Down with that new-fangled technology: a Vermont anecdote

This morning it was around -10 °F (-23 °C) before the sun rose:

dark morning with moon

It’s been colder, but rarely so bright at night.  Yet that’s not the anecdote I wanted to share.

A few days ago Vermont Public Radio shared a story about a new plan to entice people to move to our small, chilly state.

I posted a comment about a key detail missing from the plan:

We’re not going to grow until we improve our network infrastructure. Far too much of Vermont is ill served by poor internet connectivity. The same’s true for cell phone signals.

It’s the argument I’ve been making for a decade, as some of you know.  My comment on this NPR page was intended to keep that theme going.

What fascinated me was the lone reply to appear, from one Thaddeus Wildasin:

We’ve lived here for generations without the web. I think we could manage. There are bigger problems here. I do agree it would be nice but if you think about it the internet is most of the problem here. Goods shipped from overseas, less reliance on local companies, plus the slumlords of the information superhighway.

It’s a fascinating comment for a range of reasons.  There’s the conflation of broadband and the web itself (at least partially accessible without serious broadband).  There’s the sense that broadband is “nice”, not important, and certainly not essential.  Thaddeus goes on to see the internet as “most[ly]” responsible for globalization (and national trade, I think), which is a fascinating case of strong technological determinism.  Then there’s the interesting echo of today’s popular critique of social media as digital slumlords (I think; he could be referring to post-net neutrality ISPs).

Above all looms the first two sentences: “We’ve lived here for generations without the web. I think we could manage.”  I wonder when the first person made that argument about a new technology – not as an active critique or resistance, but instead offering a sense that the technology some saw as vital was actually superfluous, a surplus to the real world, an excrescence upon actual, lived history.  It brought to mind that century-ago cliche of “if God wanted us to fly, he would have given us wings”.

I wasn’t the only one thinking historically.  Over on Facebook, in response to my sharing this comment, two friends (from out of state!) offered a bit of antiquarian ventriloquism:

That inspired me to get biting:

We’ve lived here without anesthesia for generations. I think we could manage.
If you think about it, modern medicine is really the problem here…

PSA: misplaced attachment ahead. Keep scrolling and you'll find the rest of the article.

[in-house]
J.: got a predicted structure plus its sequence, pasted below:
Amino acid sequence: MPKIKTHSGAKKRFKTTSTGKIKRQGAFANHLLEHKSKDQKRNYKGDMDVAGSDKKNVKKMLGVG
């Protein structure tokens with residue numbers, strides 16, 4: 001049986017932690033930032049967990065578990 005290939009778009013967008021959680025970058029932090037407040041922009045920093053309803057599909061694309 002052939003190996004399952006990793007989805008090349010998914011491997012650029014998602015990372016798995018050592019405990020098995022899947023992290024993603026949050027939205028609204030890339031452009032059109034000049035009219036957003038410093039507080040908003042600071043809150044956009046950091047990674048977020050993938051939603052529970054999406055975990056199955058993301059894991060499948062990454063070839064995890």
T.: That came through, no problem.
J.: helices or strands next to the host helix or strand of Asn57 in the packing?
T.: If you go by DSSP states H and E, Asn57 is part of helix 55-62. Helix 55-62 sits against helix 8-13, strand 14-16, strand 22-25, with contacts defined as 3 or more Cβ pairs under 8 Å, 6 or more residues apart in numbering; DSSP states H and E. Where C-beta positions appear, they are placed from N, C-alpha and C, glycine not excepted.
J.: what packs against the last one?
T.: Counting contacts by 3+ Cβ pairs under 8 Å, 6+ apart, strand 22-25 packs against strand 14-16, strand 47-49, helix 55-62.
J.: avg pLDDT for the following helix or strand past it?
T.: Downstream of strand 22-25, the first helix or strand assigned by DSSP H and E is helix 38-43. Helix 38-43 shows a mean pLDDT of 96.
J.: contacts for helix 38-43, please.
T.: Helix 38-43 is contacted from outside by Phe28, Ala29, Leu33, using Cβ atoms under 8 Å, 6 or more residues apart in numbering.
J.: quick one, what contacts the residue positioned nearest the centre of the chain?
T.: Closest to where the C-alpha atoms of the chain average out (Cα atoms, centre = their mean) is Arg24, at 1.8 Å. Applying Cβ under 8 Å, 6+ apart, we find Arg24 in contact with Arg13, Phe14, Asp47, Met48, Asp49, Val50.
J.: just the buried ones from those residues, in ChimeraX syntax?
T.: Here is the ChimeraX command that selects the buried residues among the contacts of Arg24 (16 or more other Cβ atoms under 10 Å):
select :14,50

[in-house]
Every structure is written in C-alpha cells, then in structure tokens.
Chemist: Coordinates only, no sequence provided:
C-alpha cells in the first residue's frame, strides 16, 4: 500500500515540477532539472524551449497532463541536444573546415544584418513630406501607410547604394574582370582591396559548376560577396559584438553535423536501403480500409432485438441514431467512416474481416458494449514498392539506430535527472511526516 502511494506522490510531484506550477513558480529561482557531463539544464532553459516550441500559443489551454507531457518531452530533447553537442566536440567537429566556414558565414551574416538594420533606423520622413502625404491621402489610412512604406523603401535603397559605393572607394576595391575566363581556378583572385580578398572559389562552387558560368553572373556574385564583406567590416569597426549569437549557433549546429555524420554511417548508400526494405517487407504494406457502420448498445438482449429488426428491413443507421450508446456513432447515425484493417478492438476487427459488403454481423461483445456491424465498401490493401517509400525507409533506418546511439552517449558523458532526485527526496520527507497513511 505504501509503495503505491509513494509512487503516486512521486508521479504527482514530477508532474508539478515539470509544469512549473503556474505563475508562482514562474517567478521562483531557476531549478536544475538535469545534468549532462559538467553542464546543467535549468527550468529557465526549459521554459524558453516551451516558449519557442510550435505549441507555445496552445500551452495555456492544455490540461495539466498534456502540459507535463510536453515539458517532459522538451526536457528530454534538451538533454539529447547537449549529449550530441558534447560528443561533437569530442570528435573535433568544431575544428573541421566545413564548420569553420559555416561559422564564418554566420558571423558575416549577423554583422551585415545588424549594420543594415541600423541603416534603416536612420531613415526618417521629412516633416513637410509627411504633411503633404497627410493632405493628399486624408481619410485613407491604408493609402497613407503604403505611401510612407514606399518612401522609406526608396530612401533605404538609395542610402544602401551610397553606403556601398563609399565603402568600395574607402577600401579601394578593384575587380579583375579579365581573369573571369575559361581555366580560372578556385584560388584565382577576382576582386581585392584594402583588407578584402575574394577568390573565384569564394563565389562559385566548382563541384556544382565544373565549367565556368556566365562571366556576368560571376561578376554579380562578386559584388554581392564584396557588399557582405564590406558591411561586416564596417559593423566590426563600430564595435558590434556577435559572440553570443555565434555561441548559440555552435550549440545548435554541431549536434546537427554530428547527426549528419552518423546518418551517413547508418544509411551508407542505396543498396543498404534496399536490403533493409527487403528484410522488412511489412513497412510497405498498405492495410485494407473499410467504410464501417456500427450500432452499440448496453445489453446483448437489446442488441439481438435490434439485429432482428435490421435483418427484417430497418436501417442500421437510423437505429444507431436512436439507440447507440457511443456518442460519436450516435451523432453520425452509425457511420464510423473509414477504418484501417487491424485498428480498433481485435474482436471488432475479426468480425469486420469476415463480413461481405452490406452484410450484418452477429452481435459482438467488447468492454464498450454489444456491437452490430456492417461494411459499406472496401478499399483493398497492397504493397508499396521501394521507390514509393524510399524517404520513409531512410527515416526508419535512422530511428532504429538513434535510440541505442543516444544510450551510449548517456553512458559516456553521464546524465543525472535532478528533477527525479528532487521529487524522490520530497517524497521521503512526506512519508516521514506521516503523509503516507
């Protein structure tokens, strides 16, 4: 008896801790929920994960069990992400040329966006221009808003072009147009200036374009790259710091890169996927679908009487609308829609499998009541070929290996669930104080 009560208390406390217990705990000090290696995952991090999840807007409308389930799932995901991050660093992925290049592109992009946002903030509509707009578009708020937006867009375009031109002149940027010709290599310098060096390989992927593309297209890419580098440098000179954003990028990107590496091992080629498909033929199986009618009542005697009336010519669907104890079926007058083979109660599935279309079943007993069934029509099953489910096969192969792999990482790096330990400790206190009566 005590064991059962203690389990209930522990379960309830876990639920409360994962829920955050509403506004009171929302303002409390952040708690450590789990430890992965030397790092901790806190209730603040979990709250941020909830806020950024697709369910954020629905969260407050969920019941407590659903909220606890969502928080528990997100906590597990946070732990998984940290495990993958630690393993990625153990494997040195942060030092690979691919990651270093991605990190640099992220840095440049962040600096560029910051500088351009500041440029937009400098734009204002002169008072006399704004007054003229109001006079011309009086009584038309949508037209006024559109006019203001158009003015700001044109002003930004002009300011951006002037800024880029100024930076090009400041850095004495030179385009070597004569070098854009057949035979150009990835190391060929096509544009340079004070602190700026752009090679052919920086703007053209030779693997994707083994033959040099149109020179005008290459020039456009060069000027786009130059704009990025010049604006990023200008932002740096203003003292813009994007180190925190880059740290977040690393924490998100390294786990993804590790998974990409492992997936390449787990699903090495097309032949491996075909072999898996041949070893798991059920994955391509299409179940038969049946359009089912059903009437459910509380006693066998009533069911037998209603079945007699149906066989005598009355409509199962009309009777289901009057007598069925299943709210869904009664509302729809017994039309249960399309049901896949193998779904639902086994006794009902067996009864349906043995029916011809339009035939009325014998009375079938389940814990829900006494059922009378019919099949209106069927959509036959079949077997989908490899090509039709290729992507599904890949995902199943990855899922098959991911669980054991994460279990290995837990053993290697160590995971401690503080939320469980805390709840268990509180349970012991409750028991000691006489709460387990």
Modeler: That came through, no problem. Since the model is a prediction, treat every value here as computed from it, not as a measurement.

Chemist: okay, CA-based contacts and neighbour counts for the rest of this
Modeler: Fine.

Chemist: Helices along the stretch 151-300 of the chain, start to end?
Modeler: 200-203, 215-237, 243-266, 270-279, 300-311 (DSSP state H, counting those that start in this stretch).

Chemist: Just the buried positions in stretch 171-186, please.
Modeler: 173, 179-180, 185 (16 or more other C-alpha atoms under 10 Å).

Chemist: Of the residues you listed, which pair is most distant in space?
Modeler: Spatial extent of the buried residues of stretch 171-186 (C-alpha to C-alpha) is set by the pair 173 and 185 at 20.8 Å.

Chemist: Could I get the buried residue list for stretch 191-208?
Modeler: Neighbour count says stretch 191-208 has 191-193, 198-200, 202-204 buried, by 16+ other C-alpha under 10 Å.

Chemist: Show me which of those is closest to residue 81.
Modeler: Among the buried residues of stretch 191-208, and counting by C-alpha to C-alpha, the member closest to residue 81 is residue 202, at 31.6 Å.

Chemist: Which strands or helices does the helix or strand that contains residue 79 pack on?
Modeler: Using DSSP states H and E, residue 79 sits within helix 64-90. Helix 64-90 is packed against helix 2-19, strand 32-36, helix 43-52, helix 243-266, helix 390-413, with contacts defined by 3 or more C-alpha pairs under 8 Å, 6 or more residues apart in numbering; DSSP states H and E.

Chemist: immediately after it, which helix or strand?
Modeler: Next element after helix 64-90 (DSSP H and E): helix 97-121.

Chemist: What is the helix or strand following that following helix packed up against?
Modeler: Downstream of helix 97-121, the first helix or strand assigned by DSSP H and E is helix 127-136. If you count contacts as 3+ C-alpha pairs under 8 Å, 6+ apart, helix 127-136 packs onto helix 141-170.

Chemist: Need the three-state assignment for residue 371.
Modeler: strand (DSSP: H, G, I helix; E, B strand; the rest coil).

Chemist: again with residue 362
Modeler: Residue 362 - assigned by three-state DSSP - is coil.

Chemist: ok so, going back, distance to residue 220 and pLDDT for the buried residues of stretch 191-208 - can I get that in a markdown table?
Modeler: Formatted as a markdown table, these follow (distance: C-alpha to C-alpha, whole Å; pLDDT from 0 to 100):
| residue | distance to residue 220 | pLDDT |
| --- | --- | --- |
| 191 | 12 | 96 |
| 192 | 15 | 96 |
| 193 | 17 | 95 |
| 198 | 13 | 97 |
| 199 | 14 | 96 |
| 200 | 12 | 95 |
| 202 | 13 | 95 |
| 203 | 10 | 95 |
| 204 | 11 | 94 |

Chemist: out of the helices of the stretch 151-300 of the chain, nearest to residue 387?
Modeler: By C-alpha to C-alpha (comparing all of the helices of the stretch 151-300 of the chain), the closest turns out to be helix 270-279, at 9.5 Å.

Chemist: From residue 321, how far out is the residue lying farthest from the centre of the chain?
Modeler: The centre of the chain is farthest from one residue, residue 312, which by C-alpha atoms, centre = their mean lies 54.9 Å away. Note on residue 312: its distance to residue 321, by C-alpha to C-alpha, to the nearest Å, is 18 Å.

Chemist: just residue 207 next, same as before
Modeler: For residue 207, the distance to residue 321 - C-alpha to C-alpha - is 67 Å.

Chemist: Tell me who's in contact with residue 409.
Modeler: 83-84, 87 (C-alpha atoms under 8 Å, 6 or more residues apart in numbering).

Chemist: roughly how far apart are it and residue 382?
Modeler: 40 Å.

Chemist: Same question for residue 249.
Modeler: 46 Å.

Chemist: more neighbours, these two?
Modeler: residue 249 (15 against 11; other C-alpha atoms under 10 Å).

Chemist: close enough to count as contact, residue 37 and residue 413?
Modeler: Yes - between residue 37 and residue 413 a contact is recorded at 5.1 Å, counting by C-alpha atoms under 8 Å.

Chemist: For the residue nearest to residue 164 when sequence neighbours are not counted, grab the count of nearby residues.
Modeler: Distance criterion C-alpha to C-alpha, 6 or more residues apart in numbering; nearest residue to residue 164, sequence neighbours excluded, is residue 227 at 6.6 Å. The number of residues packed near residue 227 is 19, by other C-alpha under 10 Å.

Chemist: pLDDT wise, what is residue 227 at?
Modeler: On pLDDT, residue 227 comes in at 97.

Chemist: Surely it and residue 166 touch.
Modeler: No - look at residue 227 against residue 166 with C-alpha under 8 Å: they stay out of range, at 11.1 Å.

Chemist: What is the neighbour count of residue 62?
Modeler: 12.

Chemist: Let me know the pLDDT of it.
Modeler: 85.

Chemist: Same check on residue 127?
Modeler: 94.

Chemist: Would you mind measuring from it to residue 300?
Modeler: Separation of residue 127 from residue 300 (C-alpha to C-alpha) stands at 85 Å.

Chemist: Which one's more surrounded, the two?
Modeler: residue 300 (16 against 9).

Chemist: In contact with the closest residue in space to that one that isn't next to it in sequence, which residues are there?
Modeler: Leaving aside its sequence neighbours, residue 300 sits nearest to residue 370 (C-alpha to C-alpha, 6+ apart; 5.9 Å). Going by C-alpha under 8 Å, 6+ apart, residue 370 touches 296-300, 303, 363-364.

Further echoes are left as an exercise to readers and commentators.

I have no idea how widespread this belief is among Vermonters. Most people I speak with think our poor connectivity is a shame, not a virtue.

It did remind me of an exchange I had with three state gubernatorial candidates in fall 2016.  I’d put a question to the trio, asking how they’d improve internet access, and describing the poor broadband situation:

The Democrat, Sue Minter, cheered me up by suddenly asserting this as a campaign cause; alas, she lost the election.  The Republican, Phil Scott, depressed me be carefully saying the state shouldn’t do anything on this score; alas, he won.

The third candidate, though, a semi-serious one named Bill “Spaceman” Lee, offered a different take.  He said I was lucky to have bad broadband and no cell phone access.  More people should live that way.  That elicited a round of applause from the studio audience.

So, Mr. Wildasin, thank you for the comment and the thoughts it inspired on this new-fangled web thing.  I’ll reply to you on that thread soon.  I hope you see enough utility in the web to read it, and maybe respond back.

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3 Responses to Down with that new-fangled technology: a Vermont anecdote

  1. Phillip Long says:

    I wouldn’t count on Mr. Wildssin’s responding, except perhaps by US Post. These comments and sentiments are part of the broader narrative that reflects the distancing of contemporary life from the restropective orojectiin of a desired life long past. I see it as aligned with the five tapocalytic tales of the demise of a first world society which confines, even celebrates dysfunction or the opposite , numbly ignoring the social atrocities as just the way it is.

    Interesting perch to see the more progressive view of this social destruction in VT. Perhaps you have the privileged position obeying the canary in the collapsing coal mine. Keeping posting notes from the shaft.

  2. Phillip Long says:

    Last time I thumb type in an uneditable blog post. Apologies for the typos. I’ll go back to my cave.

    • Vanessa Vaile says:

      Bryan’s is not the only shaft — too bad because I wouldn’t mind having him for a neighbor. I’m in a similar shaft in NE Colorado that I moved to from one in rural NM.

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